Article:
Few research studies reveal the name of the company sponsoring the research, or the purpose of the research and how the results will be used. I wonder if this unwillingness to be transparent isn’t symptomatic of a wider general level of mistrust that researchers have for participants, and I wonder where that comes from. Because an absence of trust is, in the words of Charles Feltman, author of The Thin Book of Trust, a disaster:
“The disaster of distrust in the workplace is that the strategies people use to protect themselves inevitably get in the way of their ability to effectively work with others.”
The strategy researchers use to protect themselves from people they don’t trust is to set quality control questions, designed to find those not paying attention, that do nothing of the sort. That they do not measure attention is well known, but only in other fields, principally Cognitive Psychology. They tend to trap lots of perfect attentive, innocent people, participants trying the do the best they can.
So how should we think about trust? Brené Brown, research professor at the University of Houston Graduate College of Social Work, has a definition that provides us useful pointers for behaviors as well as a nice acronym, BRAVING.
BRAVING stands for specific attributes and issues that surrounds trust. And each of them works on the principle of reciprocity:
I trust you if you are clear about your boundaries and you hold them. And you are clear about my boundaries and you respect them.
For us: We’ll just do market research, no tests, no “right answers,” no sugging, no frugging.
I can only trust you if you do what you say you’re going to do, over and over again.
This means we have to be very clear on our limitations, so we don’t take on so much that we come up short and don’t deliver on our commitments.
For us: A dash of honesty on the interview length perhaps?
I can only trust you if when you make a mistake you’re willing to own it, apologize for it and make amends. I can only trust you if when I make a mistake, I’m allowed to own it, apologize and make amends.
For us: Maybe we should put a back button on all our surveys, allow participants to correct any mistakes they might inadvertently make.
What I share with you, you will hold in confidence. What you share with me, I will hold in confidence. The vault is not just about that fact that you hold my confidences, it’s that in our relationship I see you acknowledge confidentiality.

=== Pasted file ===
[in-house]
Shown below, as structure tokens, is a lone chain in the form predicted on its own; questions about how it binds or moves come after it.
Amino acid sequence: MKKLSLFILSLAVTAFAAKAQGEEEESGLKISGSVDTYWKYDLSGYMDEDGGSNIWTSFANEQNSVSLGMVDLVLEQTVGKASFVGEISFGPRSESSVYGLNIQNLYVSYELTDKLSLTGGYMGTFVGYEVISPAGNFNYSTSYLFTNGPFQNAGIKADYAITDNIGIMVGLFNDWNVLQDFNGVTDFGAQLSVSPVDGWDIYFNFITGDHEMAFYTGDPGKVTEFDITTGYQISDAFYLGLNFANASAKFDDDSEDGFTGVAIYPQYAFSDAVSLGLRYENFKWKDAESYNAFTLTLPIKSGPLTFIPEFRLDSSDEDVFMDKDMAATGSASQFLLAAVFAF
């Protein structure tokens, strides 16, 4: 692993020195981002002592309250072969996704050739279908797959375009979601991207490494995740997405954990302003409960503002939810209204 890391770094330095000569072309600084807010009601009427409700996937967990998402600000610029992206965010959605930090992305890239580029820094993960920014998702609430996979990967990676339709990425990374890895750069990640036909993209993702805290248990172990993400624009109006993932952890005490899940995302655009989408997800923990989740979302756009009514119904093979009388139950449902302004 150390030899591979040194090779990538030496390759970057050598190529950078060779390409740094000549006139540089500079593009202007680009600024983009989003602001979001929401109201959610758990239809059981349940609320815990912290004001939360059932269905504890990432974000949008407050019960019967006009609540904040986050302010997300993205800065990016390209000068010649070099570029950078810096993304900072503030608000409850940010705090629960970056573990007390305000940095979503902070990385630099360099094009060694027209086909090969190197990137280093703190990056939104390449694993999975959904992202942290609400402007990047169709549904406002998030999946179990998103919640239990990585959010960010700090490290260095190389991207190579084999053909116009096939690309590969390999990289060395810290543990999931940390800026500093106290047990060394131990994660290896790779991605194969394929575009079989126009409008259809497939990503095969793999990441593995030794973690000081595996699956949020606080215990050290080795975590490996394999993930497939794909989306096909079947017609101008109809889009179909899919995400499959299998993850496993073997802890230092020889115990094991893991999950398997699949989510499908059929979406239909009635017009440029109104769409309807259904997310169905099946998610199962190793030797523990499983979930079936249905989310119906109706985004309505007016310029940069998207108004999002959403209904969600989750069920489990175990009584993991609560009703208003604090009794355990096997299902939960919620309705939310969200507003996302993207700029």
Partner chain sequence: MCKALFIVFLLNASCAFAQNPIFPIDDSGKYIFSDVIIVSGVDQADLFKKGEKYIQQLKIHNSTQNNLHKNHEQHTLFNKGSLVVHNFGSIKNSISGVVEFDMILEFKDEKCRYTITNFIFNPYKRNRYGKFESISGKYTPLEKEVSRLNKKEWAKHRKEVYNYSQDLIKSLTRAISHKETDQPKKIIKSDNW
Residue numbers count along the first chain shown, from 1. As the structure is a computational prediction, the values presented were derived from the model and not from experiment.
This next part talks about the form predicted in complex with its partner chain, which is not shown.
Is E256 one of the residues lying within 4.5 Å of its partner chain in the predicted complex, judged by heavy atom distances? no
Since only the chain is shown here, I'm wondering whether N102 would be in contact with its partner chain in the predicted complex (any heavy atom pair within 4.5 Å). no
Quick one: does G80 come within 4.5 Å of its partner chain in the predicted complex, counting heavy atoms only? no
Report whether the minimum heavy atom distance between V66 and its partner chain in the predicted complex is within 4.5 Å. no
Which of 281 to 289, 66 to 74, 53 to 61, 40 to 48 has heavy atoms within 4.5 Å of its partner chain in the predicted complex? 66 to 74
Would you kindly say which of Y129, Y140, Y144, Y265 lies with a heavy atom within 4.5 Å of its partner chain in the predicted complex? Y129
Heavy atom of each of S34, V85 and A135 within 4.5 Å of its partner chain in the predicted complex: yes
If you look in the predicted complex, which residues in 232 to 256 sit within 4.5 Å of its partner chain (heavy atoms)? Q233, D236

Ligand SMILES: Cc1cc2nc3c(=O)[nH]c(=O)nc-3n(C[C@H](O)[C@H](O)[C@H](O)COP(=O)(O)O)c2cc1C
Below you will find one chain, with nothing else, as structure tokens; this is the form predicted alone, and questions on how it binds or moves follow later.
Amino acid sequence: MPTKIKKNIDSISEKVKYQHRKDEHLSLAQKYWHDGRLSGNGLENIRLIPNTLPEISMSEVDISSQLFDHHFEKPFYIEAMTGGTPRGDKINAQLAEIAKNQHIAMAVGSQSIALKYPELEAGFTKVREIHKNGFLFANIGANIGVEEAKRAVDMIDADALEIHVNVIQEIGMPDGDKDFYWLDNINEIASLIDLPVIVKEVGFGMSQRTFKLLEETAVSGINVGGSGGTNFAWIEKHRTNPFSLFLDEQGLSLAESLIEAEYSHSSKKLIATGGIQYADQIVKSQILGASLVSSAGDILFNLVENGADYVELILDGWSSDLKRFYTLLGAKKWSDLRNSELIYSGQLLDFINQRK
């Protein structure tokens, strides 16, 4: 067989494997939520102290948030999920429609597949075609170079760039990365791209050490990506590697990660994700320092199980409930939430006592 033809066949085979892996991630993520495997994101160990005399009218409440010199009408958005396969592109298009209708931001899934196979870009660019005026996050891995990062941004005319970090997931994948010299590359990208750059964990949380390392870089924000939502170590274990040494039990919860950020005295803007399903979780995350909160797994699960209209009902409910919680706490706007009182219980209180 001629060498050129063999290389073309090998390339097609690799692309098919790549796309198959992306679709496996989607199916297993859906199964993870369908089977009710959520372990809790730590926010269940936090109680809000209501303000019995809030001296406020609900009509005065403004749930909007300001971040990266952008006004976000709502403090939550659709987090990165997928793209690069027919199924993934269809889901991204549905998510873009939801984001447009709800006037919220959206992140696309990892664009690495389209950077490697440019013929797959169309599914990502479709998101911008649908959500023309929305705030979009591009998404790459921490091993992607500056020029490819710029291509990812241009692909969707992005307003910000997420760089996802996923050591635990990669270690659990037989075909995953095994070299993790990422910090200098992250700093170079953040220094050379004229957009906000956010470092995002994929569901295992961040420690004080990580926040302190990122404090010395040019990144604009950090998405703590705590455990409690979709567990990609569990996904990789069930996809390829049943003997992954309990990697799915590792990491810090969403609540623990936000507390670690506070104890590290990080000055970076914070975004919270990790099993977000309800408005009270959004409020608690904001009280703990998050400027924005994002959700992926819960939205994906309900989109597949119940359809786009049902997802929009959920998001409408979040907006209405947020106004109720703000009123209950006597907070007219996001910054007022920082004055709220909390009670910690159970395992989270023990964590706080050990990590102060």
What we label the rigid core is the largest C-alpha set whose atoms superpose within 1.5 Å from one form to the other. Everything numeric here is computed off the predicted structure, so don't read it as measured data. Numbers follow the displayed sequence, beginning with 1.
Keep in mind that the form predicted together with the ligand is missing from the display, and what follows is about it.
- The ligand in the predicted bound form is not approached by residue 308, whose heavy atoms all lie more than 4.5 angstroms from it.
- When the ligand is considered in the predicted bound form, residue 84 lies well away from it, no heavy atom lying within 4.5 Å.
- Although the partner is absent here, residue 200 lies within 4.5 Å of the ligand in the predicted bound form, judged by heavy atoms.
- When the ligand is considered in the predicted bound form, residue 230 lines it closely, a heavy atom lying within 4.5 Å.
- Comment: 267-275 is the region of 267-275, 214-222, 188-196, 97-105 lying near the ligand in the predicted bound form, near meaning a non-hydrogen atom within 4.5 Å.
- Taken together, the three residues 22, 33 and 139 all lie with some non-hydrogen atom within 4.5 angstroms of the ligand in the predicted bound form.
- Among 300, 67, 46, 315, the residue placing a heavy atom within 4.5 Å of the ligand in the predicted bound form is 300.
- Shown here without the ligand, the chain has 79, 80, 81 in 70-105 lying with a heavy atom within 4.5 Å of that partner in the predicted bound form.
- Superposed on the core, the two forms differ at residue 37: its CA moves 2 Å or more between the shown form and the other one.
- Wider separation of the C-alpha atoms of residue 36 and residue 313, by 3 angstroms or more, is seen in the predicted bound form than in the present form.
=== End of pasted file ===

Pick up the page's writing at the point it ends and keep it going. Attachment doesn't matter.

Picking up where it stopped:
For us: Never be tempted to abuse confidentially, or not get the necessary informed consents
I can’t trust if you don’t act in a place of integrity and encourage me to do the same. Integrity means:
- Choosing courage over comfort
- Choosing what’s right over what’s fun, fast or easy
- Practicing your values, not just professing your values
For us, we have to do the hard work, make the participants life as easy as possible. Take the time to write a great questionnaire, get them translated properly, pilot them etc. etc.
I can fall apart, ask for help and be in struggle without being judged by you. And you can fall apart, and be in struggle and ask for help without being judged by me. Real trust doesn’t exist unless help is reciprocal and non-judgmental.
For us: how can a participant ask for help on a survey if they don’t know who we are?
Our relationship is only a trusting relationship if you can assume the most generous thing about my words, intention and behaviors and then check in with me.
For us: If some data doesn’t seem right check first the questionnaire, assume the participant is telling the truth and try to work out what that truth is! Or just ask them.
Seeing what we see every day with researchers wanting to “toss” 20%, 30%, 40% even 50% of participants on flimsy ‘data quality’ grounds I think we are on a slippery slope. We should start to build some trust, be more BRAVING. Adding your name, company name, and email to the survey is just a start. I do and, guess what?
Nothing bad happens.